I arrived in India on the 9th day of the 13 days of grief prescribed by the Hindu religion. Social Media had been extraordinary in showing us what was happening: his illness, sitting in a wheelchair talking to the students as they come into the hall and then his being moved into hospital. Then I received the call telling me of his death.
Many expressed their wonder, ‘How can this life end, when, for so many years what he expressed was extraordinary vitality?' and yet the kidneys and heart were stopping. Now we hear how he had stopped eating months before. It is not possible to know another's life, and the mystery of what happens as they prepare to leave. We hear that he was taken to the hospital with the expectation that he would return home, that he did not mind, wanting whatever would keep the family happy. Just hours after his passing he was at home being prepared for cremation, we see the body with its white mouth, and body garlanded, mourners streaming into the house, and then within hours there are the flames as his body is burned. At each definitive step we are taken, shocked, into the way this grieving proceeds, seemingly to me, as outsider, very quickly, and before I am ready.
When I arrived at the institute I felt my tears well, and it was the same for so many others. Walking in the gates, beside the Institute, I walked into a deep stillness. People sat around outside the house, coffee and tea were there, and I am invited to go into the hall. The stillness was deeper in there, just a few people sitting, there was a shrine on the platform garlanded, a photo of him with sunlight shining from behind. His feet will never walk the hall again, we will not see the doti and his bare feet, timer in hand as he comes to start his practice.
The hall feels this absence, and it now looks smaller.
Meals were offered to whomever is there on this day, in the hall, and it felt healing to eat together, not much to say, but gathered there together. The family sat around downstairs, not much was said, something is going on, and it happens in this place, sitting, eating, become collected, becoming uncollected.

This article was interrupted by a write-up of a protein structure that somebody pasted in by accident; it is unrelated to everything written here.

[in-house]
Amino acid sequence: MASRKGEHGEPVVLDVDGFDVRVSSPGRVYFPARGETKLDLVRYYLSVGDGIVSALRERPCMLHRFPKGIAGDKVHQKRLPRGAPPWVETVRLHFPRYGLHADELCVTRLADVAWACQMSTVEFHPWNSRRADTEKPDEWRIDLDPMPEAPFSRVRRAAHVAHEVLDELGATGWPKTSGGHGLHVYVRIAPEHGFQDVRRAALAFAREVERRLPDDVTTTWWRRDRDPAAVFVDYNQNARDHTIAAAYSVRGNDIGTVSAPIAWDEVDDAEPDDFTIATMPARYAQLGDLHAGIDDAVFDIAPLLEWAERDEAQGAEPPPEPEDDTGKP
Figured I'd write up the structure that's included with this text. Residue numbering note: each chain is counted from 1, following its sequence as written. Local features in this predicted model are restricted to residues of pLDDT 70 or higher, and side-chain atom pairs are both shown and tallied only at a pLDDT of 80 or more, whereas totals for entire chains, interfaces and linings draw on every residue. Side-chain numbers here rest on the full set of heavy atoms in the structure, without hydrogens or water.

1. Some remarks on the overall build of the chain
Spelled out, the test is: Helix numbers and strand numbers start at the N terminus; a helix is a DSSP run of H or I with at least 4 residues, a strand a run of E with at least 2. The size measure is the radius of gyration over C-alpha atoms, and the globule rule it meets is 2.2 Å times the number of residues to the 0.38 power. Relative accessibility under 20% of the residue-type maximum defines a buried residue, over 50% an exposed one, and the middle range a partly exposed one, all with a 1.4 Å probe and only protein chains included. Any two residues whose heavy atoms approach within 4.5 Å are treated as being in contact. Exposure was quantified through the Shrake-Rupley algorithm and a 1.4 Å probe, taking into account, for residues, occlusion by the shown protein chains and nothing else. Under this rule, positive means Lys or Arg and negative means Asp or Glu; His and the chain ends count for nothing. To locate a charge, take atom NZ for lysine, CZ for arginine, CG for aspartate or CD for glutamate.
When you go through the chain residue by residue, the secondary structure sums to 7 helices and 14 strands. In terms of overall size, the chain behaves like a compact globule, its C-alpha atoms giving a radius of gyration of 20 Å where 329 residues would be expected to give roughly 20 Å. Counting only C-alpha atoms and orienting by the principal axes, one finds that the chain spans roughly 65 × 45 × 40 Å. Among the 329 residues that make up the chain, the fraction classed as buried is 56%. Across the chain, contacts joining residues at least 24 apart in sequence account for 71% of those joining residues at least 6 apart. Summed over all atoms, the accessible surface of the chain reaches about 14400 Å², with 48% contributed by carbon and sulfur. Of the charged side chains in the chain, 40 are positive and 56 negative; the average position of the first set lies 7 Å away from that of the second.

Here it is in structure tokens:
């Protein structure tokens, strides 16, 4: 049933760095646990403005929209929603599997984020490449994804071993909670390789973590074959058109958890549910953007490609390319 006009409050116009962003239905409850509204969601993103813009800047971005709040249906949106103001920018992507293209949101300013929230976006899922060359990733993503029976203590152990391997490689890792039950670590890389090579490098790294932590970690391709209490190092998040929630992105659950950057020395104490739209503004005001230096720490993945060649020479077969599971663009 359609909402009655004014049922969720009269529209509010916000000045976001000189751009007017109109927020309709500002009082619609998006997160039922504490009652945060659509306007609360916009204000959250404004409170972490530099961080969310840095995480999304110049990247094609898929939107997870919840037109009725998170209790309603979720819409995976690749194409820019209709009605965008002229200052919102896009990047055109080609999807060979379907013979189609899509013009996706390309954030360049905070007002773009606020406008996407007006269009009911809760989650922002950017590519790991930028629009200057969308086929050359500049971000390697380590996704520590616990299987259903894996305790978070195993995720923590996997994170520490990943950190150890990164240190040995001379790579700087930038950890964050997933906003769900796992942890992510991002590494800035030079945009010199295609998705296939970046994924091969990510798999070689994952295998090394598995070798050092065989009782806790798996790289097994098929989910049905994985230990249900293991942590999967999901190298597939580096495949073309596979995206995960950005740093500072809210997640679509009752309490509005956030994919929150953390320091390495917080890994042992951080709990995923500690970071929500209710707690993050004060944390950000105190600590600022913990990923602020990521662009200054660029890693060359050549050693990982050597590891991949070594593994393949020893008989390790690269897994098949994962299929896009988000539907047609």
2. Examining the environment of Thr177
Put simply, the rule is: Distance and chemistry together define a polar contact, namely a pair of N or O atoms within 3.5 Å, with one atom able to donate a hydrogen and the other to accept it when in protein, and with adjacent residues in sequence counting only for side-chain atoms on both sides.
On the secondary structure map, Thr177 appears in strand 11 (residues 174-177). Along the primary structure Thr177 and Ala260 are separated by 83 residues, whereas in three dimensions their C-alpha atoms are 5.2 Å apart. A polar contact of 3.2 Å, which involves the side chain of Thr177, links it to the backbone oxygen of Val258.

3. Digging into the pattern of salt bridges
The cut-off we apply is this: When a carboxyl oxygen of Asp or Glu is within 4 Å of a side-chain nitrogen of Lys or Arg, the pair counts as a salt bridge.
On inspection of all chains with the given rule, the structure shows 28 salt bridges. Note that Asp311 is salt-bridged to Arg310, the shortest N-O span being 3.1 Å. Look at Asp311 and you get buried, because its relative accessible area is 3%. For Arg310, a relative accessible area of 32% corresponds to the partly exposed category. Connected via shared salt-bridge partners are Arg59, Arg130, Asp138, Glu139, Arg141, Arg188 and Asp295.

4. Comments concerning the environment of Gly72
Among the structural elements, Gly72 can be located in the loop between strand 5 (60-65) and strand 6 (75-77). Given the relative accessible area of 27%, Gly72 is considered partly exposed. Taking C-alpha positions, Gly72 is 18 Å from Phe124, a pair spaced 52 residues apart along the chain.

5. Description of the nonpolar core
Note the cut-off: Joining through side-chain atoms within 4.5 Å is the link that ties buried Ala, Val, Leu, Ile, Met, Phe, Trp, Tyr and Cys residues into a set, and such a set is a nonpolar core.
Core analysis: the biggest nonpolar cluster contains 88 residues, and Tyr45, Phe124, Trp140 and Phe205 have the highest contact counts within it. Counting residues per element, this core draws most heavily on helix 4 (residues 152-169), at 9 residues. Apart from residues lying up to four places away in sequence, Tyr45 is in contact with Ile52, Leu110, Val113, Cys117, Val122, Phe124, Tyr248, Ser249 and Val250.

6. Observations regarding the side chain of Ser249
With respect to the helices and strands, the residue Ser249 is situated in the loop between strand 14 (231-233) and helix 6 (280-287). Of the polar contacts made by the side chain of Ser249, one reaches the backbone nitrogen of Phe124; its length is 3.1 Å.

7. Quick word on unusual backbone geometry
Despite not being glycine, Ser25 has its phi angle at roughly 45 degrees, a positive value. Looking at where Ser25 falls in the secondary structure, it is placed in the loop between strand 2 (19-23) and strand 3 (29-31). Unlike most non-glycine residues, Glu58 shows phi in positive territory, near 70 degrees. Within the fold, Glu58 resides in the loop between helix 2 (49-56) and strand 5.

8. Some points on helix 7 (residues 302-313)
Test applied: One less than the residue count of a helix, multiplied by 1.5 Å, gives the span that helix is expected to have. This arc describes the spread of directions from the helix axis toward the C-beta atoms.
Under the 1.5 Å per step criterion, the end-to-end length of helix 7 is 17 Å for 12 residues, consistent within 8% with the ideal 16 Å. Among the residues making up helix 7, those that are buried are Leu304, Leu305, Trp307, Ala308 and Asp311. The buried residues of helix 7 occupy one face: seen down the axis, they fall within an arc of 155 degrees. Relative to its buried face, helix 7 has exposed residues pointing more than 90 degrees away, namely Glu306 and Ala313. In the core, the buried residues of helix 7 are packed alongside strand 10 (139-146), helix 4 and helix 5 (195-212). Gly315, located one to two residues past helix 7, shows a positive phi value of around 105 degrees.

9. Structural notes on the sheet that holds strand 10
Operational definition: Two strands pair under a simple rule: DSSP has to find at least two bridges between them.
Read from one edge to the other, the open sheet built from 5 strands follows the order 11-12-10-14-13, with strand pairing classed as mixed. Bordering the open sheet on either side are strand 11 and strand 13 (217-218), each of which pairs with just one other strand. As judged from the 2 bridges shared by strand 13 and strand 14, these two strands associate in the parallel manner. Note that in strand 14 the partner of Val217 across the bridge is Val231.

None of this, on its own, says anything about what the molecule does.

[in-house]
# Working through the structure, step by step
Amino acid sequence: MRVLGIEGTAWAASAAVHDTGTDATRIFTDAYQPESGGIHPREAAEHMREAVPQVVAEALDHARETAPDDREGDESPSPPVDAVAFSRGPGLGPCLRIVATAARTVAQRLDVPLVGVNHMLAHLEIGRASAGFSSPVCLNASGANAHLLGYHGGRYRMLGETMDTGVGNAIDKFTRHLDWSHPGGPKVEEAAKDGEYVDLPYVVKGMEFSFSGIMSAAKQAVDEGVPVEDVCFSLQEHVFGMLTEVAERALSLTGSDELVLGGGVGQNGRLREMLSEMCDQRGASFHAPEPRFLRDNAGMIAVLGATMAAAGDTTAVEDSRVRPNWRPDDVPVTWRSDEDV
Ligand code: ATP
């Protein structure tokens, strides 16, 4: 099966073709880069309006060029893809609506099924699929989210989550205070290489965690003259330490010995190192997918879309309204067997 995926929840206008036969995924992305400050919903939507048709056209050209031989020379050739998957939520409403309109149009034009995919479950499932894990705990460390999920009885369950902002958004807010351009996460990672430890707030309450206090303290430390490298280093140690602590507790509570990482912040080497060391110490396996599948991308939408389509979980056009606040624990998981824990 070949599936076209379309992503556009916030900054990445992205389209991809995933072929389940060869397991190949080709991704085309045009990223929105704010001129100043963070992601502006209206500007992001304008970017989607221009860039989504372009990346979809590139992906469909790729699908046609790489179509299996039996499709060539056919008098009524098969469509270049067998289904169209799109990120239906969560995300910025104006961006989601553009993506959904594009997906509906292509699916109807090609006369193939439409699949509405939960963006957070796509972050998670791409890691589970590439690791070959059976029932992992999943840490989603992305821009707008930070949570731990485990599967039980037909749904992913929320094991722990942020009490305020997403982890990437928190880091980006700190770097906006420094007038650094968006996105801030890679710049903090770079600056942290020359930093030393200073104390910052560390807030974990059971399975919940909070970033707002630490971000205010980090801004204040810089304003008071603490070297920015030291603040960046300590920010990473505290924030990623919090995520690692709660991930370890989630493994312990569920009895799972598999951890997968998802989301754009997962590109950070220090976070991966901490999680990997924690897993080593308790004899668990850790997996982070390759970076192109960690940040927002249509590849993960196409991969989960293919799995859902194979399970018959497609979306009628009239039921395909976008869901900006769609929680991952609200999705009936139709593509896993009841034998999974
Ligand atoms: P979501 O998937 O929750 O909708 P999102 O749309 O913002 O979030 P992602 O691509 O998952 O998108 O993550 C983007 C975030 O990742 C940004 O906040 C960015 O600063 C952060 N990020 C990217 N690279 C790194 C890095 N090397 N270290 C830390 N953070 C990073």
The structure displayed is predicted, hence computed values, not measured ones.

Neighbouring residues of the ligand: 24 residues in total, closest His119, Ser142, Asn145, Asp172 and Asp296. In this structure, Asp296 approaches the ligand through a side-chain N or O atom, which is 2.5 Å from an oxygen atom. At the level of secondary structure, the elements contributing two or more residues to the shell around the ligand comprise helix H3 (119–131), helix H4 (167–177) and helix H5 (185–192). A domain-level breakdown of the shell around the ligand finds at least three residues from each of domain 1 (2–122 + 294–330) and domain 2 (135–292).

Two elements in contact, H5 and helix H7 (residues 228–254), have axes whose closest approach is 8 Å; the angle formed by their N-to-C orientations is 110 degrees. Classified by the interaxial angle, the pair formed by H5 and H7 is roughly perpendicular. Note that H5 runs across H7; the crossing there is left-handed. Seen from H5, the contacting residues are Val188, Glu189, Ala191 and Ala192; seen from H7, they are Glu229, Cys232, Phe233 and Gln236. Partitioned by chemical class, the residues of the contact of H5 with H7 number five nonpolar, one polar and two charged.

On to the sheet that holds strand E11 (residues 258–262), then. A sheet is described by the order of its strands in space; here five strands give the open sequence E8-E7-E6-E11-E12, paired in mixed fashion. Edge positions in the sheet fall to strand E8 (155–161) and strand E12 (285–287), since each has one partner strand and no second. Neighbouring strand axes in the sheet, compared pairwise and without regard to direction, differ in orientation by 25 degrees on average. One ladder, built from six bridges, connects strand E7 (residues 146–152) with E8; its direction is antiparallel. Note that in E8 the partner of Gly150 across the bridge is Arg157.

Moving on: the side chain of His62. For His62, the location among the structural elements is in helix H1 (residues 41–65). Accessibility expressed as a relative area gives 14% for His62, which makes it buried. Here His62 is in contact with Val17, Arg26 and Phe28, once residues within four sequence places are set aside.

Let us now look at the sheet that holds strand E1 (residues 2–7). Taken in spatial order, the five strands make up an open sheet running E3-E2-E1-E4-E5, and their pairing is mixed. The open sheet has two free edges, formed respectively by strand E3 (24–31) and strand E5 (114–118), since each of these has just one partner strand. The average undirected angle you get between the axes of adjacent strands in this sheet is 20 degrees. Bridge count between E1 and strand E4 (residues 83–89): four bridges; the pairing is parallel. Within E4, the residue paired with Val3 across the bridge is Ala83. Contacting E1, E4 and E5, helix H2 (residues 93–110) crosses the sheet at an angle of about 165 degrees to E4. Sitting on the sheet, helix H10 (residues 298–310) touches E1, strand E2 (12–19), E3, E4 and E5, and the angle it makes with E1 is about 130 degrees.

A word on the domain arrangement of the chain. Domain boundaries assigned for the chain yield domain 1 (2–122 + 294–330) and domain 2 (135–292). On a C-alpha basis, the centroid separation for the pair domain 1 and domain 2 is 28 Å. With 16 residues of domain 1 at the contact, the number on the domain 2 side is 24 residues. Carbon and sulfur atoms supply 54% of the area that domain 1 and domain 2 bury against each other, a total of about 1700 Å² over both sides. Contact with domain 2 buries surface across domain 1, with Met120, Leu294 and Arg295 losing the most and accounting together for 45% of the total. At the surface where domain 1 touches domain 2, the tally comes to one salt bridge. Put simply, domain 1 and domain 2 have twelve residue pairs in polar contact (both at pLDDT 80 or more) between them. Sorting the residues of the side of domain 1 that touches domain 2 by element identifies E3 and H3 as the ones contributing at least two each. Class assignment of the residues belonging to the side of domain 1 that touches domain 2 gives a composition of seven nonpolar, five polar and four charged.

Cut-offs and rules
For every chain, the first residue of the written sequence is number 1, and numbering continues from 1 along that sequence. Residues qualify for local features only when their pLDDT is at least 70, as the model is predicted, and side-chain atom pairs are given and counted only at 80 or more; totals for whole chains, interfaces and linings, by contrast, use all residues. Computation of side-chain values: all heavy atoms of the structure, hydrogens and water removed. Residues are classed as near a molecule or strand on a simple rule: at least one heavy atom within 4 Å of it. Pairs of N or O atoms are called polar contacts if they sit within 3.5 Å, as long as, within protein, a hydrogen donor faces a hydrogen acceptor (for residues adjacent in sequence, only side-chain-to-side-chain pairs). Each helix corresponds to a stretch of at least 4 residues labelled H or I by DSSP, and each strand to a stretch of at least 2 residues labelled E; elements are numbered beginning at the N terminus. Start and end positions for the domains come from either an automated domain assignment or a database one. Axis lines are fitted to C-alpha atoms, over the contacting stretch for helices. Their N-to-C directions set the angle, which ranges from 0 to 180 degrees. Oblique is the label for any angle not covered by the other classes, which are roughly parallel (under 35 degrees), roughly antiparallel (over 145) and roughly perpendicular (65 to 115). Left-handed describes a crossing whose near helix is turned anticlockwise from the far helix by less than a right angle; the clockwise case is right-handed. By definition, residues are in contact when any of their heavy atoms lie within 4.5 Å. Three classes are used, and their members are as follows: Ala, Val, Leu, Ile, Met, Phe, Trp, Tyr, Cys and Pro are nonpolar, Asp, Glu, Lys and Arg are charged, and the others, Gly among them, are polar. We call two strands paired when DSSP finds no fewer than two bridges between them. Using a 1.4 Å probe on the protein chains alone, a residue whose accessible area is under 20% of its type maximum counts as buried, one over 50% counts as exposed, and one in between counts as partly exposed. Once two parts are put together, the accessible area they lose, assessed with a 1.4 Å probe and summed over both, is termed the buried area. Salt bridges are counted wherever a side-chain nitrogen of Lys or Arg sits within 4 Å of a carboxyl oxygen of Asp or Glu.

The following day I found myself there again, just wanting to be around, drink the coffee, sit in the hall, as some rawness gets smoothed. Slowly getting used to his absence. More people arrived who have flown across the world for this time, to be with each other, the family and to pass through this final time in their relationship with him.
On the Saturday evening we are asked to gather, and there are stories and history, and we were told of his last days as a father and a teacher. We concluded the evening with 2 mins of silence. There are tears and again the stillness, people were quiet, they wanted to stay but no one talked much.
We came again on the Monday, the last day, the priests were there, Prashant as the son and heir dressed with a big bright coloured turban on his head, carrying a jar perhaps of ashes, the men held bamboo to make a step ladder for Guriji to climb up on to so that he could move on. We were told not to cry, though people did, saying that ‘tears hold him back, and anyway why cry, his life was nothing to grieve over, his life was well lived. You should grieve for those who have not had such a life’ we were told.
Much chanting was done, and then we were sprinkled with holy water. We ate in the hall again from a banana leaf. There must have been four sittings, so much food, so much warmth, and then the afternoon is over and we were called back for the evening of final chanting.
The chanting was call and response, there were priests, as they chanted some checked their mobile phones. Life goes on. Now it feels different in the hall again, like he has gone. He is here in our minds but this is not the same as being here anymore.
It has been a great blessing to come, to come for the family, for me, for my community and to honour a life which in time will be seen as a great life, a changer of things, like Freud, Nelson Mandela or the Dali Lama.
When I look at his life now since he has gone I see something I could not see before. I see the pearl, the lustre of his life, the rubbing he has done to express this pearl, and that is what I see, not only my relationship, the cords of relationship, but the pearl for what it is. The rubbing a student experiences with a teacher is maybe the nub of things for the student. We learn at the teacher’s feet, table. There seems an extraordinary amount of time that students can put into evaluation of the teacher, themselves the other students. It is what gets disturbed within us that shapes us on the transformation path, and then what we do with this. This is the beauty of Eastern spirituality, the self will be transformed, our intolerances are invited and challenged. This is when we begin our spiritual journey. Then we need to work out the next layer. Of course, any abuse is something other and this must be worked with too.
Yet how much work and grace was in His life, and now with his death this is what I see clearly.
BKS Iyengar certainly challenged many, and he awakened me.